63% of Irish People Not in Favour of ‘Daylight Saving’

63% of Irish People Not in Favour of ‘Daylight Saving’

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When you turned the clocks back this weekend, you carried on a tradition that is now 100 years old. The concept of ‘daylight saving’ was introduced in Ireland under British rule a century ago. But according to Irish lighting company Solus, 63% of Irish people would prefer if the practice was abolished.

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When daylight saving kicks off:

-35% will feel glum

– 28% cited contentment with cosy nights in by the fire (shut up positive people)

-10% couldn’t care less either way

-9% will even be excited as Christmas is just around the corner

-8% will be downright grumpy

-5% will be in a bit of a tizzy with so much to do before Christmas

-4% will be confused – what time is it now?

-1% will look forward to romance and candlelit cuddles.

When asked why the clocks go back, 83% of respondents cited day light saving and to benefit school children, energy efficiency and community, 13% believe it is to signal the end of summer, 1% quite rightly mentioned it is because William Willet wanted to play more golf!  It was, in fact, the great-great-grandfather of Coldplay rocker Chris Martin – William Willet – that pushed the concept of ‘daylight saving’ in 1907 and he actually was a keen golfer.

Willett lived most of his life in Chislehurst, Kent, where, it is said, after riding his horse in Petts Wood near his home early one summer morning and noticing how many blinds were still down, the idea for daylight saving time first occurred to him.

This was not the first time that the idea of adapting to daylight hours had been pushed. It was common practice in the ancient world. (Modern DST was first proposed by New Zealand entomologist George Vernon Hudson).

Using his own financial resources, in 1907 William published a pamphlet called “The Waste of Daylight.” In it he proposed that the clocks should be advanced by 80 minutes in four incremental steps during April and reversed the same way during September. The evenings would then remain light for longer, increasing daylight recreation time and also saving £2.5 million in lighting costs. He suggested that the clocks should be advanced by 20 minutes at a time at 2 am on successive Sundays in April and be slowed by the same amount on Sundays in September.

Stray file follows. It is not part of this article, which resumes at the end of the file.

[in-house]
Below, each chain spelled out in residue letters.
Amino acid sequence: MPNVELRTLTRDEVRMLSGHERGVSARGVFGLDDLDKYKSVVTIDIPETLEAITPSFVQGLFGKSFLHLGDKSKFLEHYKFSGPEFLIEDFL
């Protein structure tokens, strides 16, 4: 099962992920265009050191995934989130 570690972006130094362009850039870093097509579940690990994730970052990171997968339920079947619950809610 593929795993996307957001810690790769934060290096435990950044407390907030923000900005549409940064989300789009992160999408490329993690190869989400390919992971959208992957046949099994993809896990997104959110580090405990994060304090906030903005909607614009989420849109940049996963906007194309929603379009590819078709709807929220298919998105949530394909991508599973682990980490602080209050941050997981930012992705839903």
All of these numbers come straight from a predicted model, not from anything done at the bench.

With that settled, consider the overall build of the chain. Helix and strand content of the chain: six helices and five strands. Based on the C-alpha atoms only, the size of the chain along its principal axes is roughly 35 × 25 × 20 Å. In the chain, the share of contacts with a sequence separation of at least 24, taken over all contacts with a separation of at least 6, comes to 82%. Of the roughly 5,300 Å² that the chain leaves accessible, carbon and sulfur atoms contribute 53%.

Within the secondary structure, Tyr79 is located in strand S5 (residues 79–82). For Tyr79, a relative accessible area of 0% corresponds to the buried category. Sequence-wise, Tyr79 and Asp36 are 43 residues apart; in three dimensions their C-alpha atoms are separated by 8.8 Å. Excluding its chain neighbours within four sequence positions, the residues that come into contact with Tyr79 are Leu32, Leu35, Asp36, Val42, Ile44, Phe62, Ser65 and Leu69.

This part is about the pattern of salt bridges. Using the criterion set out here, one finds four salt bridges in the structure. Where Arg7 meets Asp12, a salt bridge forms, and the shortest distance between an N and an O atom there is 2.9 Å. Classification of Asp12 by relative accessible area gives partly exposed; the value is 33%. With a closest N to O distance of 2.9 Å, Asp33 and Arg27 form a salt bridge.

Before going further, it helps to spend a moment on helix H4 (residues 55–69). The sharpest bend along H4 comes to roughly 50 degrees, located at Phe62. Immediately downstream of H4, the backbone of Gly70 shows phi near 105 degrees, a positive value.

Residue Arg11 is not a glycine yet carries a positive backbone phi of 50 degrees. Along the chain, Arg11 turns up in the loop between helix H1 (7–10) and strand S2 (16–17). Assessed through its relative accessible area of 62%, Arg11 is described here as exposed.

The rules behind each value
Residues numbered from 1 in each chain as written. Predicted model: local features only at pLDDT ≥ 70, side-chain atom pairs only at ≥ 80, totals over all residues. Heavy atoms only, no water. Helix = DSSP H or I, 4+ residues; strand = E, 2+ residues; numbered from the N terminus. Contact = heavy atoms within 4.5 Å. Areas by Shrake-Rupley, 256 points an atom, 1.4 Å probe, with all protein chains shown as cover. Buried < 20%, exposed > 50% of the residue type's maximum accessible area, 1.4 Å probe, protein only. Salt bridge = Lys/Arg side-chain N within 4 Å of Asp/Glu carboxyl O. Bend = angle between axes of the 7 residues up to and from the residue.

Through vigorous campaigning, by 1908 Willett had managed to gain the support of a member of parliament (MP), Robert Pearce, who made several unsuccessful attempts to get it passed into law. A young Winston Churchill promoted it for a time, and the idea was examined again by a parliamentary select committee in 1909 but again nothing was done.

The outbreak of the First World War made the issue more important primarily because of the need to save coal. Germany had already introduced the scheme when the bill was finally passed in Britain on 17 May 1916 and the clocks were advanced by an hour on the following Sunday, 21 May, enacted as a wartime production-boosting device under the Defence of the Realm Act. It was subsequently adopted in many other countries.

At the time, Ireland was part of The United Kingdom of Great Britain and Ireland so daylight saving applied to us as well.

William Willett did not live to see daylight saving become law, as he died of influenza in 1915 at the age of 58. He is remembered in Petts Wood by a memorial sundial, which is always set on DST (Daylight Saving Time).

Whether we like it or not, daylight savings make mornings slightly lighter and evenings darker. There are currently about 70 countries that participate in Daylight Saving Time, though not necessarily on the same schedule as Ireland.  Ireland is located in the Greenwich Mean Time zone, sharing the same time as Great Britain, Iceland, Portugal, and some countries in northwest Africa.  In Ireland, the maximum 17 hours of sunlight – on the longest day in June (the summer solstice) – dwindles to just seven hours and 30 minutes six months later in December (the winter solstice).

However you feel about daylight savings time, it seems it is here to stay. You may need to get extra close to the streetlights on your evening walk around the block.

 

 

 

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